Why cyclical Kiwisaver would be an awful tool

Via Rates blog I see that, at the conference on government finances over the past couple of days Michael Cullen suggested making compulsory Kiwisaver contributions pro-cyclical (combined with the scheme becoming universal) as a monetary policy tool.  I appreciate he wanted the auidence of academics there to think outside the box, but this is actually a pretty poor idea.  I am sure these matters were discussed at the conference, but I will lay them down here in any case:

There is little evidence Kiwisaver increases national savings – and when it does, it is because of the “credit constrained”

Remember, just because we have to contribute to one savings vehicle doesn’t mean that households won’t borrow or dissave from other vehicles to compensate.  Work by the Savings Working group and Treasury suggested that Kiwisaver had very little impact on savings, and in the long-term it may actually reduce savings due to it being a relatively blunt way to promote savings (inefficient).

Compulsory Kiwisaver would lift savings, in so far as it does, by making some people unable to borrow or dissave in order to meet the level of consumption/investment they desire – as a result, this policy only works to promote savings in so far as it makes people worse off …

It isn’t savings that is the monetary policy issue – it is investment/consumption demand

For kicks, lets pretend that Kiwisaver does push up savings depending on the contribution.

Also targeting domestic savings misses the point on what we are trying to do here.  Remember, we use interest rates for monetary policy because they determine the intertemporal “price” that determines when people consume or invest out of current income.  A low interest rate now makes it relatively more attractive to consume/invest now – and if resources in the economy are underutilised at current interest rates, we would like this “price” to be lower.  The combination of a clear inflation target, and central bank policy that chases down this price, helps us to smooth the ebbs and flows in the economy.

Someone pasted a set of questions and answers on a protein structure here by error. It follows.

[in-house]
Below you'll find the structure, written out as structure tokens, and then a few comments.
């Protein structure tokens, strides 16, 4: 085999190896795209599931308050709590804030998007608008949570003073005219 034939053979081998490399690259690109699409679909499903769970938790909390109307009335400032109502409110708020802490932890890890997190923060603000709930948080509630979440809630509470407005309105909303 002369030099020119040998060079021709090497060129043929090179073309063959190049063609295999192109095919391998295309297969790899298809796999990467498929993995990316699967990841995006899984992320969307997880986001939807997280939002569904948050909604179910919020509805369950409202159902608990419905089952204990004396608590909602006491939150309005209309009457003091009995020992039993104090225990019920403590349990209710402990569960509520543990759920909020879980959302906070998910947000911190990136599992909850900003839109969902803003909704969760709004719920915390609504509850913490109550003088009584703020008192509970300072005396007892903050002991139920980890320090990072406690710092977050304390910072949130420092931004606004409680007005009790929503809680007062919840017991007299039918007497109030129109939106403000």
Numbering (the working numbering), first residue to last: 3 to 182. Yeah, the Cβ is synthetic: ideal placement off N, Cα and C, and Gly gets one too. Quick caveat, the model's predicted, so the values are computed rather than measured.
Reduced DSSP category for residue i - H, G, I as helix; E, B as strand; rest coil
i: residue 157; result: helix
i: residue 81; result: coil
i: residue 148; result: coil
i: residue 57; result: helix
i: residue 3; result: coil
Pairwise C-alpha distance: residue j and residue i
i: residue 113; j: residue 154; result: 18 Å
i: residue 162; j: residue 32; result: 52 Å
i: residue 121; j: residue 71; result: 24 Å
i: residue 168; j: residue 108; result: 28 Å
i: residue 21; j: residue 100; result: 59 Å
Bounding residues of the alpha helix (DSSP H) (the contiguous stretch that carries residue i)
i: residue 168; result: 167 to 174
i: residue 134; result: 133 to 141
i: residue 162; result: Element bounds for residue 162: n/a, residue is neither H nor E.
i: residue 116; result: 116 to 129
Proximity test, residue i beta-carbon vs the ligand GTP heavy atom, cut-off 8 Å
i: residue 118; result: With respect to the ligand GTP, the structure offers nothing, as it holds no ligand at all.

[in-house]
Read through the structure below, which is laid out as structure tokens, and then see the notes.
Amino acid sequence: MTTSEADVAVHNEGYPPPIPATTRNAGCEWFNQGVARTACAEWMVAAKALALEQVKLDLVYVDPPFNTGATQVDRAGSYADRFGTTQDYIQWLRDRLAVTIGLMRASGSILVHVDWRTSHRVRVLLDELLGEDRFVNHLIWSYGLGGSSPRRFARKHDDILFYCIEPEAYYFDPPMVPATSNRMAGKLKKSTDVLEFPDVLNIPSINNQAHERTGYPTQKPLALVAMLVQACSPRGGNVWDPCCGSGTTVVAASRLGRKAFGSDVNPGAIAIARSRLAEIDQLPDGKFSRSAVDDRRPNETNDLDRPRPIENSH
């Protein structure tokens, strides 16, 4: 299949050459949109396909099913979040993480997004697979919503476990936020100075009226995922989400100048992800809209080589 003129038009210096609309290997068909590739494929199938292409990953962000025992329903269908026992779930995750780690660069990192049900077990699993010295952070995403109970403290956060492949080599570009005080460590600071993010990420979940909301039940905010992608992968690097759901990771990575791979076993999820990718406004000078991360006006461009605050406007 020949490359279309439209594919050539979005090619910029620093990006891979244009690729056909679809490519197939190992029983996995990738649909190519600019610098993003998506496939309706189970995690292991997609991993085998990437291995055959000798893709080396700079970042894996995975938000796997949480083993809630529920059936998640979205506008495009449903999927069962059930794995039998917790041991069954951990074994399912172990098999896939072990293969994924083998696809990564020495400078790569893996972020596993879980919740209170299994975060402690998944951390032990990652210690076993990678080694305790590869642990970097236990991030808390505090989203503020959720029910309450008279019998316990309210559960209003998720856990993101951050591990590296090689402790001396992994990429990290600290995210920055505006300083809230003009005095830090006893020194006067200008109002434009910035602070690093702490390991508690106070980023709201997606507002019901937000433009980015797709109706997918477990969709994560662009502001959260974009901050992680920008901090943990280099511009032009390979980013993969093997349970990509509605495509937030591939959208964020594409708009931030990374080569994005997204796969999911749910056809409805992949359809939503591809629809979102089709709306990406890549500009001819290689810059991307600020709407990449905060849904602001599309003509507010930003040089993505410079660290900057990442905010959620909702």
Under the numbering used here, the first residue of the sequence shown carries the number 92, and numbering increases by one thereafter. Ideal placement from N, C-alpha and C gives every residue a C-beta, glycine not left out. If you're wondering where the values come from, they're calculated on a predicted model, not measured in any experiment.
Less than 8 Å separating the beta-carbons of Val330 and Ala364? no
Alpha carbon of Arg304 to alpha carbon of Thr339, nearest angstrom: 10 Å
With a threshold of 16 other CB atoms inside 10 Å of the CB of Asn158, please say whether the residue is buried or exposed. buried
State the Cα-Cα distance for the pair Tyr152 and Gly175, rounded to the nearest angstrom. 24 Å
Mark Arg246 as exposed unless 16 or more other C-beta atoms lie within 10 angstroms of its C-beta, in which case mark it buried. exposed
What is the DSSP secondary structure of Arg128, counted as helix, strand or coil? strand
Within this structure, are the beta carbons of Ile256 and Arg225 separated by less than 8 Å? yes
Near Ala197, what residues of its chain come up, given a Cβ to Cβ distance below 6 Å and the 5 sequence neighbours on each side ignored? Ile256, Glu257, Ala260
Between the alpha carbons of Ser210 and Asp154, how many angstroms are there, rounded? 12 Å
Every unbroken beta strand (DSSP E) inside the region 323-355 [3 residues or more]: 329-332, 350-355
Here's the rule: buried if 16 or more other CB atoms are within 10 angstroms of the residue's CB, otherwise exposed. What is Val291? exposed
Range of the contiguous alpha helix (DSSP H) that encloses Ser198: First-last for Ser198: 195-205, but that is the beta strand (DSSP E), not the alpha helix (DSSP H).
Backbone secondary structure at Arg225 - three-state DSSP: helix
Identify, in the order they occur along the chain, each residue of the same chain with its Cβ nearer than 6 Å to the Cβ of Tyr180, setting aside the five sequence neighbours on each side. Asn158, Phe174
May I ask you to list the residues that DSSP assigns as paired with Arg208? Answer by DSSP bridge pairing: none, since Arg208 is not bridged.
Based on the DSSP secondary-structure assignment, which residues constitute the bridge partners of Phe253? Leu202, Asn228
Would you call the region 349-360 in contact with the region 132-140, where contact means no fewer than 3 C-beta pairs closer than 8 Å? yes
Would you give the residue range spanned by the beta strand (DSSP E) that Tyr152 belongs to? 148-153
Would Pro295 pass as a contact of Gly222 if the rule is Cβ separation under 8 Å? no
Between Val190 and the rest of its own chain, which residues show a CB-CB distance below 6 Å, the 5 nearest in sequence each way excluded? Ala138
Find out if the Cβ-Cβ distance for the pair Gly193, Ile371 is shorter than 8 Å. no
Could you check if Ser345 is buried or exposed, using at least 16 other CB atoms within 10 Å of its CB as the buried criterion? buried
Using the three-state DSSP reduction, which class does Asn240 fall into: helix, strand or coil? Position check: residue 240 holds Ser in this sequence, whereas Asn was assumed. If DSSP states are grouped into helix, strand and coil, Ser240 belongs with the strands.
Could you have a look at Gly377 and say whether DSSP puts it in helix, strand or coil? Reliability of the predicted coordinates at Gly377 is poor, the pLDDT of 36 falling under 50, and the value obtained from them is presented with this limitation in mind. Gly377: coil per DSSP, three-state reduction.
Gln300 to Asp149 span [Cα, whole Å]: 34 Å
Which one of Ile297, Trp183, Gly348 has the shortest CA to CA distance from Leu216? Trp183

If we were a large closed economy, then we know that pushing up savings would force consumption and investment to fall for a given level of income (as disposable income is lower) – under some conditions this may well do the trick.  This is like some sort of paradox of thrift style view, with Kiwisaver actually determining savings (so it needs to bind on the upside AND the downside).

Although this is a stretch, matters are even worse than that!  We are a small open economy, households and firms can borrow from overseas if their disposable income temporarily falls.

We use interest rates because we are changing the incentive for NZer’s to invest and consume, using Kiwisaver has nothing to do with actually monetary policy in this sense.

It is not politically independent

This is an obvious one.

It is even blunter than interest rates

I’m adding this, but the first two points were really all I was interested in writing 😉


Kiwisaver doesn’t necessarily change savings levels, and it is underlying consumption/investment demand that really matter.  Given this, “compulsory Kiwisaver with cyclically varying contributions” is too clever by half – and shouldn’t be considered as a stabilisation tool … especially not as part of “monetary policy”.